Chart 3: Shipments received at the Miami Branch from the BEP in 2015

Miami cash as a fulfillment center for the Fed

The sorting and authentication process conducted on incoming deposits by all Federal Reserve cash operations sites results in "fit" currency, or currency that can be recirculated to fulfill domestic cash orders, and the Miami Branch generates fit currency exceeding local demand (see chart 4). The volume of fit currency produced by each site depends on the denomination, volume, and quality characteristics (soil levels, for example) of currency deposited at that location. In many cases, fit currency generated by a Federal Reserve site results in minimal to no surplus. Alternatively, a high volume of notes received in good condition means a site produces more fit currency, creating an excess stock of notes payable to circulation. The Fed's Board of Governors coordinates shipments of fit currency among the different Reserve Banks to use excess fit inventory that accumulates in offices such as Miami to meet currency needs in other Reserve Bank areas.

Chart 4: Shipments of fit currency from the Miami Branch to other Reserve Banks in 2015

In Miami, paying out new currency to international customers results in a higher-quality note being returned in deposits, especially for higher denominations. It also means that the volume of fit currency being generated from international customer deposits is high. As a result, Miami has produced approximately 32 percent of all fit shipments distributed within the Federal Reserve System in 2015. These fit shipments are transported to Federal Reserve cities across the country to help fill domestic demand. The large number of fit shipments, coupled with robust payments to international financial institutions, means that currency payouts to domestic FIs accounted for only 22 percent of the value of currency shipped by Miami to all sources in 2015. Graham noted that "the size and scope of our cash operation is heavily influenced by the needs of our customers servicing international markets."

Bevery Ferrell, Director of Cash and Branch Support, Miami Branch of the Atlanta Fed

Sandy Juarez, Director Project Management, Cash Function Office, New Orleans Branch of the Atlanta Fed

Linet Blondet, Section Manager, International Cash, Miami Branch

Source

https://www.frbatlanta.org/economy-matters/2016/01/14/atlanta-fed-miami-branch-a-hub-for-us-currency

>>>>> Scroll down to view and make comments <<<<<<

Click here for Historical News Post Listing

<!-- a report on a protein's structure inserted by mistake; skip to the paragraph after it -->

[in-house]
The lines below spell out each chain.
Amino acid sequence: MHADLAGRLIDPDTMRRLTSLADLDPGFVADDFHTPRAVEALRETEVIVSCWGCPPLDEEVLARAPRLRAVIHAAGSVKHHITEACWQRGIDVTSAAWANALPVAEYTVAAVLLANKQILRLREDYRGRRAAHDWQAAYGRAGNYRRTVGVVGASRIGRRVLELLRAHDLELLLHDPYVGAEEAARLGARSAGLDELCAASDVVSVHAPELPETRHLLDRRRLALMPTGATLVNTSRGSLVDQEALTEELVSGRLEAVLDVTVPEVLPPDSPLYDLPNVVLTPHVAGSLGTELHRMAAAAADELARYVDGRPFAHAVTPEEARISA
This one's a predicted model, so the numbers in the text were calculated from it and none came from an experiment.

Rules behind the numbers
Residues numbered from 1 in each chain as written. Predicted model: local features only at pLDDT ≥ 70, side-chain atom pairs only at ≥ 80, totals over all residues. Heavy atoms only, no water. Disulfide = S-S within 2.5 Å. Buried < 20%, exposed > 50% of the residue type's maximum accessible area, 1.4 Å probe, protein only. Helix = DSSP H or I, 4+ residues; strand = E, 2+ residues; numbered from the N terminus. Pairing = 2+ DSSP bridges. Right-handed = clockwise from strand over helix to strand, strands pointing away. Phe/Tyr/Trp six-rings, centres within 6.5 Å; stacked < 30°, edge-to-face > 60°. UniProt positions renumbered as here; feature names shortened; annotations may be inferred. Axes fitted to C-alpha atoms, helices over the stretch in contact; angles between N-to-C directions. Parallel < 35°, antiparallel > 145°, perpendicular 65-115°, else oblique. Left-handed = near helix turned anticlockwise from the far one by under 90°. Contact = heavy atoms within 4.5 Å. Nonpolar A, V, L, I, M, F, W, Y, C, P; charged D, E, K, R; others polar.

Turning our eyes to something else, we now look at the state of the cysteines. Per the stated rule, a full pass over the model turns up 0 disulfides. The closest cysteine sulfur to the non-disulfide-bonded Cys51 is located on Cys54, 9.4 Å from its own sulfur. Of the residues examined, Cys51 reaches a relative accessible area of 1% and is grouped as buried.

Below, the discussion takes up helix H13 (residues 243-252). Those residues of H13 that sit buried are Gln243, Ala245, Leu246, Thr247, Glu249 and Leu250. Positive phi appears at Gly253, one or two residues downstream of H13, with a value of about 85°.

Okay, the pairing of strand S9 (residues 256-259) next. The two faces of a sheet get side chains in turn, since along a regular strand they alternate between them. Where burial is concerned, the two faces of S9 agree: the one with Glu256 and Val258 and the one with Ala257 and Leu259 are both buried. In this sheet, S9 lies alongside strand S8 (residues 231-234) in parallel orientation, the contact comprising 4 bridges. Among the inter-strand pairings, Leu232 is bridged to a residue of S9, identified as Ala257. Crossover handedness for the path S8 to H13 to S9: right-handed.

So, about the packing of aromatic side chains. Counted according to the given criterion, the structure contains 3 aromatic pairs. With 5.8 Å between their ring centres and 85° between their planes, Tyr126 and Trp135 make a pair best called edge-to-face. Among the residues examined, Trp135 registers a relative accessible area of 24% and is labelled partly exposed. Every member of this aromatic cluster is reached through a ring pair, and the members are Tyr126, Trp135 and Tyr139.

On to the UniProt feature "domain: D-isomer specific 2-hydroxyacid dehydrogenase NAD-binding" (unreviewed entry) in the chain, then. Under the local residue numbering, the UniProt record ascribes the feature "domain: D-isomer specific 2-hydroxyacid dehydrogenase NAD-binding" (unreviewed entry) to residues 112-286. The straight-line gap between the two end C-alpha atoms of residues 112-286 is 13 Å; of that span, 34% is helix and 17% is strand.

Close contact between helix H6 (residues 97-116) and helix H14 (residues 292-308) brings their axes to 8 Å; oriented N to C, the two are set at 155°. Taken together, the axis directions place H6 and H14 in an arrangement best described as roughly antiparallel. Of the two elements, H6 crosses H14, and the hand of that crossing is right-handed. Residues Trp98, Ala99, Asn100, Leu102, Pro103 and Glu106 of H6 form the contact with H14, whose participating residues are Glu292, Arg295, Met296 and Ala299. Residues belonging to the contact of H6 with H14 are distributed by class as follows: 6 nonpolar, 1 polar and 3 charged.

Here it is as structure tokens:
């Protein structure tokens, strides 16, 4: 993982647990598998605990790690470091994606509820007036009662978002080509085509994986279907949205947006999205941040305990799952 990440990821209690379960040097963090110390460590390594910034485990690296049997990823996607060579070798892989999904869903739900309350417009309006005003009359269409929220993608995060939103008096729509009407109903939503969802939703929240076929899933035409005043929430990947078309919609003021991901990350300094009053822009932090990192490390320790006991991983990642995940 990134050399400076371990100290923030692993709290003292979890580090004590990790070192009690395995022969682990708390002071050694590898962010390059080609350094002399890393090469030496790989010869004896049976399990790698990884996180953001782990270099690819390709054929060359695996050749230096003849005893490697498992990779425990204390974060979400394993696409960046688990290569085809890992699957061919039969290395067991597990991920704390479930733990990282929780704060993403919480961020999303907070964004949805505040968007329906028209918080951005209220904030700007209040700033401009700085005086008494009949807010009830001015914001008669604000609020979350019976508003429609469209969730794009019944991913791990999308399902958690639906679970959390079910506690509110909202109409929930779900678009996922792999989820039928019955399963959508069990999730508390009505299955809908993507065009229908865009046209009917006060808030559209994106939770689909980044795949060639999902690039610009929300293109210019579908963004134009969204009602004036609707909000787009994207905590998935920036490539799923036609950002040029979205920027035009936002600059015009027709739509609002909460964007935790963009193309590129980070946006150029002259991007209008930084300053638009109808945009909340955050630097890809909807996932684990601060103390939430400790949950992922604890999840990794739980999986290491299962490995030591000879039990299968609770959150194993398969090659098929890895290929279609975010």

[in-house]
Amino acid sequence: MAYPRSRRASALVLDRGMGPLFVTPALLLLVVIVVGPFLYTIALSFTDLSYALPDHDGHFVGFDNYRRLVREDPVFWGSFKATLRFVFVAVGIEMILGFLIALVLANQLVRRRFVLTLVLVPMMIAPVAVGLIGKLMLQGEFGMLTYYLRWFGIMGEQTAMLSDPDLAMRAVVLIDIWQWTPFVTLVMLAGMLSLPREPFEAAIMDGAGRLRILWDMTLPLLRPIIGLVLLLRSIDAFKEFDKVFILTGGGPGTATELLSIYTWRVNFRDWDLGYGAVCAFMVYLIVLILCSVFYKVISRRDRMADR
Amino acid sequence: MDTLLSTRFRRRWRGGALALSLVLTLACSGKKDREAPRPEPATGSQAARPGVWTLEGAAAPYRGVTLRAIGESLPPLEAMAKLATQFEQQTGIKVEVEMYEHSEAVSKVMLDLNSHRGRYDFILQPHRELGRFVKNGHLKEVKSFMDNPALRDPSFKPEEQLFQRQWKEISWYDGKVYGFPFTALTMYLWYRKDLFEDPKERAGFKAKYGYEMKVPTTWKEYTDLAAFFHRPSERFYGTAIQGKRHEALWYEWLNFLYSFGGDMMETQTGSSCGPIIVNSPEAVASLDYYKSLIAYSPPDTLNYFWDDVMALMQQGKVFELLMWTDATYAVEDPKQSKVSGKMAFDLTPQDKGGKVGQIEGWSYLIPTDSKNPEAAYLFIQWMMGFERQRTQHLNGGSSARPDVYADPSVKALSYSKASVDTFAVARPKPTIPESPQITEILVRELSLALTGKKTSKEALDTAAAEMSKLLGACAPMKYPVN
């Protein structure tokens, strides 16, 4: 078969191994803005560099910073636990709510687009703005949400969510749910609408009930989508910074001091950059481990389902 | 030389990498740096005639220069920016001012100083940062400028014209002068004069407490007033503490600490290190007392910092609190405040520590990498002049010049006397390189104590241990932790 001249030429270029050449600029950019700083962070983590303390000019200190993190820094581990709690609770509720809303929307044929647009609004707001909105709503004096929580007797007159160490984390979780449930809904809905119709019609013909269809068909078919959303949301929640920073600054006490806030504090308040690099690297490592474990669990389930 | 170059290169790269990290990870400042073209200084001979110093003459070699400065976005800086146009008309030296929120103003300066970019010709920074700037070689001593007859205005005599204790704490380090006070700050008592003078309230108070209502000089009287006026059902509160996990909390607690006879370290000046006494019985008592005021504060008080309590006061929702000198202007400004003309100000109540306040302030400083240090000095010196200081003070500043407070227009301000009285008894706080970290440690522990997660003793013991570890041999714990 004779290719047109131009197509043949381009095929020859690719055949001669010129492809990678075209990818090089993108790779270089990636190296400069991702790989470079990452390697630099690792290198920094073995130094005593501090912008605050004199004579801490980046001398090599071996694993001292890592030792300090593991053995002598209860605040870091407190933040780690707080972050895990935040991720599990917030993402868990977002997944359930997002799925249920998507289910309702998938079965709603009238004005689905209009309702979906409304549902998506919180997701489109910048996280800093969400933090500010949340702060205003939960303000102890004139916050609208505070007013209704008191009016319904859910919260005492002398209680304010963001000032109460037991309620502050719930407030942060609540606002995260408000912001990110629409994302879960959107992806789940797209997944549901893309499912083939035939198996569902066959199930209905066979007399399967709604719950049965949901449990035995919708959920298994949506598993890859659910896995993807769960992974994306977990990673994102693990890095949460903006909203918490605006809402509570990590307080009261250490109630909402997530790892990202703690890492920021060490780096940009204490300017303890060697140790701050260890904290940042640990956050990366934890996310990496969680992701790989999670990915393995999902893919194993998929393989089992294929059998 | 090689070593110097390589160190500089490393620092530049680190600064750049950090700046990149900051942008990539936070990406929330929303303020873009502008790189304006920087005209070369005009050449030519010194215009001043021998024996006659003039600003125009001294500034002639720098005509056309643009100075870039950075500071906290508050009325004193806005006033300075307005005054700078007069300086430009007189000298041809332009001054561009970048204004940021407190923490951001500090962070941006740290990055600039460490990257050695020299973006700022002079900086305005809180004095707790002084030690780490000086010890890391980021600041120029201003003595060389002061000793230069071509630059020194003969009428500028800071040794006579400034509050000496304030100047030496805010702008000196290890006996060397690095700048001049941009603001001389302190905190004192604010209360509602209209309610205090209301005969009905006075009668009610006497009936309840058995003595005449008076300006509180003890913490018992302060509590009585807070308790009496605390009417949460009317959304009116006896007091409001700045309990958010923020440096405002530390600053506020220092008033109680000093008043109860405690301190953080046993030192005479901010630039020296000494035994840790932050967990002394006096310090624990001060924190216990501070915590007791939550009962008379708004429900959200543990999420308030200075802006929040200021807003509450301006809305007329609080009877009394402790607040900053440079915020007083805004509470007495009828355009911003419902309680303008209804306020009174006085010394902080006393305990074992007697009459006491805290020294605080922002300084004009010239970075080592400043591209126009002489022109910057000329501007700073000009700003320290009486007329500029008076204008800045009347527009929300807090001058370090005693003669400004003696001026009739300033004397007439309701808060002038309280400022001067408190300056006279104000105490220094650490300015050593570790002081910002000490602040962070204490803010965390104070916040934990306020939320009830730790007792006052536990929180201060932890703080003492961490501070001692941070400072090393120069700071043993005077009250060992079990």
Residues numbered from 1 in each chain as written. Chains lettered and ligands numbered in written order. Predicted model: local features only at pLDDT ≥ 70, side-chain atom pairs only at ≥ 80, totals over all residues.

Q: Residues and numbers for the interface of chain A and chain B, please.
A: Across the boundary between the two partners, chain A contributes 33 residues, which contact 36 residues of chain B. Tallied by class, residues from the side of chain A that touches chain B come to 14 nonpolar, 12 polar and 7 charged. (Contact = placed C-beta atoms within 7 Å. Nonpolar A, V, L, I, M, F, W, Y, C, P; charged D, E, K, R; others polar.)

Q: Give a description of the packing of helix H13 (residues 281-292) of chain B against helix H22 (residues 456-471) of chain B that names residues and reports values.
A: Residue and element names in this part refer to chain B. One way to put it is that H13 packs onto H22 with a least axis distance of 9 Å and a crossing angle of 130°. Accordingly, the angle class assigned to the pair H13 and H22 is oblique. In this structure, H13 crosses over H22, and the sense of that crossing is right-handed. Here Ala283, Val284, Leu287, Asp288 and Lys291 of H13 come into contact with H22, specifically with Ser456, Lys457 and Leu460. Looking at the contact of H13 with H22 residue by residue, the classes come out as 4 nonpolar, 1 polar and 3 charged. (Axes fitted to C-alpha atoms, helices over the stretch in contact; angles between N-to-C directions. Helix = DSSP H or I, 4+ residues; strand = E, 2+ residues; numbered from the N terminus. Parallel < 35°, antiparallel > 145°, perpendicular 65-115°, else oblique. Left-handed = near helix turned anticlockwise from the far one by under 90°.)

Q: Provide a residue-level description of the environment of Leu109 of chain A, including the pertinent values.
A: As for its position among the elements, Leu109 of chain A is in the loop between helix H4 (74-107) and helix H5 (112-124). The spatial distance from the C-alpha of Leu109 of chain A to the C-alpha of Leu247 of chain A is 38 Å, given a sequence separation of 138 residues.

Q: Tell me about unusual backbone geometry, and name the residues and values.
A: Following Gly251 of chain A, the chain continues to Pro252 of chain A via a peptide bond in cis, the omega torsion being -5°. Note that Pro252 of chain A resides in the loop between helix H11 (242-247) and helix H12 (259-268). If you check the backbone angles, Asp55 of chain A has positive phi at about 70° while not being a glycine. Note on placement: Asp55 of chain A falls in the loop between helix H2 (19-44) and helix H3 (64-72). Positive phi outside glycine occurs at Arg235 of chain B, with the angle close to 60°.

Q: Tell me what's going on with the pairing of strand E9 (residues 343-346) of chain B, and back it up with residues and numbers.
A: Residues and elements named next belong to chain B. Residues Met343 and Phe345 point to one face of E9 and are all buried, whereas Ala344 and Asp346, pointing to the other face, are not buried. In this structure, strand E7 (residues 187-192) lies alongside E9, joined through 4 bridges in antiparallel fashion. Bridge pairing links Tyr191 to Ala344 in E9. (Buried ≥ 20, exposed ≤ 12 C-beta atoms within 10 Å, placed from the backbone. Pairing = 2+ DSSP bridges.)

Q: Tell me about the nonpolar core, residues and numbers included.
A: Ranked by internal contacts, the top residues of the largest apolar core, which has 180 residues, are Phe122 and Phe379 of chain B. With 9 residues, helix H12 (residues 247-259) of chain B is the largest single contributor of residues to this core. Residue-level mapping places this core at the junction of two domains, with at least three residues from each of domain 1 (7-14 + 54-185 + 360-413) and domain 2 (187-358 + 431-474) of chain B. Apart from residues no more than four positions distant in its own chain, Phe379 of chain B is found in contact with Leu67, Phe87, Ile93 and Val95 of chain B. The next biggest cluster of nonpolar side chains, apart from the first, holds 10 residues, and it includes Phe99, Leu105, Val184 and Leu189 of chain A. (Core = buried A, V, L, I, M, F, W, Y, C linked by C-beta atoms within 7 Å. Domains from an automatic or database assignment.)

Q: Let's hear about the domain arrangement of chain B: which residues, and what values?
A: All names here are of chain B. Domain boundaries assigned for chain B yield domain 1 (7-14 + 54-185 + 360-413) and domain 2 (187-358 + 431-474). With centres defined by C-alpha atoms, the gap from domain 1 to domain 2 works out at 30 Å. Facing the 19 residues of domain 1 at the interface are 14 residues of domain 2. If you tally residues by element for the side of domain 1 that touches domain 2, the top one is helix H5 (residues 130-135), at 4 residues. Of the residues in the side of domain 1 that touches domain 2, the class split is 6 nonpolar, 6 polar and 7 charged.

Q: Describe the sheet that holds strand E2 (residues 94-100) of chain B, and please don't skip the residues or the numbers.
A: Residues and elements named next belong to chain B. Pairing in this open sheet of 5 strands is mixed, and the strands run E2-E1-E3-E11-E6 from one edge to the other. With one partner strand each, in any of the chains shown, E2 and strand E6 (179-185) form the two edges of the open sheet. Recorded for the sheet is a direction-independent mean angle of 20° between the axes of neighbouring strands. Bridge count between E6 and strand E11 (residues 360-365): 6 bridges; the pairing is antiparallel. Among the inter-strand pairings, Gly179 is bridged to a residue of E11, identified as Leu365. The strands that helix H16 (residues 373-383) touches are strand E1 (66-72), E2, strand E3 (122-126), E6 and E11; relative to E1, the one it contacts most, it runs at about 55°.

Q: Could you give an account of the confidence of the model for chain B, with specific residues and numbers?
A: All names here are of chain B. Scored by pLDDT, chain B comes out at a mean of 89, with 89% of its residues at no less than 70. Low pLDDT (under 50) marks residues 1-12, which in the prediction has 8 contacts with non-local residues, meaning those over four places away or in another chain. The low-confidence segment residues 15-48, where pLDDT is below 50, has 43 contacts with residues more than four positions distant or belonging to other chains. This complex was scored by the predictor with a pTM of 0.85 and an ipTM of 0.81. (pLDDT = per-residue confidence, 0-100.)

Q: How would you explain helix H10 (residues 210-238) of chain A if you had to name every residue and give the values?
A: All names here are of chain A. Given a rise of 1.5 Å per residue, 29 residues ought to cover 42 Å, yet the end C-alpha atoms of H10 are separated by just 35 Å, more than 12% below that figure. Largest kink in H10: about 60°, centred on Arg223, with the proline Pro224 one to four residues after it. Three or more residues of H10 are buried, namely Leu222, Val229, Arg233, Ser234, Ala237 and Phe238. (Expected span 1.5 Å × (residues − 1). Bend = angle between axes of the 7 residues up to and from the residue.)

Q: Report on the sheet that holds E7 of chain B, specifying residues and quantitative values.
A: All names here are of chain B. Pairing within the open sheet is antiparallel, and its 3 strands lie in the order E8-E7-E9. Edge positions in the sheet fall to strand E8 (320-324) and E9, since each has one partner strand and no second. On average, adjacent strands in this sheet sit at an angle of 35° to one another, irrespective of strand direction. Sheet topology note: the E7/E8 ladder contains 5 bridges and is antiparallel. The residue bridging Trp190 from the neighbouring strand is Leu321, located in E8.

Make a Comment

Econintersect wants your comments, data and opinion on the articles posted. You can also comment using Facebook directly using he comment block below.




Econintersect Contributors


search_box

Print this page or create a PDF file of this page
Print Friendly and PDF


The growing use of ad blocking software is creating a shortfall in covering our fixed expenses. Please consider a donation to Econintersect to allow continuing output of quality and balanced financial and economic news and analysis.


Take a look at what is going on inside of Econintersect.com
Main Home
Analysis Blog
Why Long-Run Theories of Profit and Accumulation Fall Short
Brexit - Who Wins and Loses
News Blog
April 2017 Texas Manufacturing Survey Continues to Expand
March 2017 CFNAI Super Index Moving Average Declined
What Is The Informal Labor Market?
Changes In Labor Force Participation
Infographic Of The Day: 10 Habits Of Millionaires For Building Wealth
Early Headlines: Asia Stocks Mostly Up, China Down, Dollar And Oil Up, Gold Down, European Stocks Open Up, 2nd SCOTUS Seat For Trump?, SCOTUS Gets Gerrymander, UK Has Huge Gender Pay Gaps, And More
Most Read Articles Last Week Ending 22 April
GOP Healthcare Plan Would Cost The Poor And Old The Most
These Amazing Creative Animals Show Why Humans Are The Most Innovative Species Of All
Earnings And Economic Reports: Week Starting 24 April 2017
What Americans Think About Climate Change
What We Read Today 23 April 2017 - Special Public Edition
What We Read Today 23 April 2017
Investing Blog
Market And Sector Analysis 23 April 2017
Markets Rally As Expected
Opinion Blog
America's Gilded Age 2: On The Rocks
What Does The Strong Q1 Growth Mean For China?
Precious Metals Blog
Three Gold Plays For The New Era Of Chaos
Live Markets
24Apr2017 Pre-Market Commentary: Wall Street To Open Sharply Higher, WTI Crude Falling Again, US Dollar In The High 98's, DOW Up Triple Digits
Amazon Books & More






.... and keep up with economic news using our dynamic economic newspapers with the largest international coverage on the internet
Asia / Pacific
Europe
Middle East / Africa
Americas
USA Government































 navigate econintersect.com

Blogs

Analysis Blog
News Blog
Investing Blog
Opinion Blog
Precious Metals Blog
Markets Blog
Video of the Day
Weather

Newspapers

Asia / Pacific
Europe
Middle East / Africa
Americas
USA Government
     

RSS Feeds / Social Media

Combined Econintersect Feed
Google+
Facebook
Twitter
Digg

Free Newsletter

Marketplace - Books & More

Economic Forecast

Content Contribution

Contact

About

  Top Economics Site

Investing.com Contributor TalkMarkets Contributor Finance Blogs Free PageRank Checker Active Search Results Google+

This Web Page by Steven Hansen ---- Copyright 2010 - 2017 Econintersect LLC - all rights reserved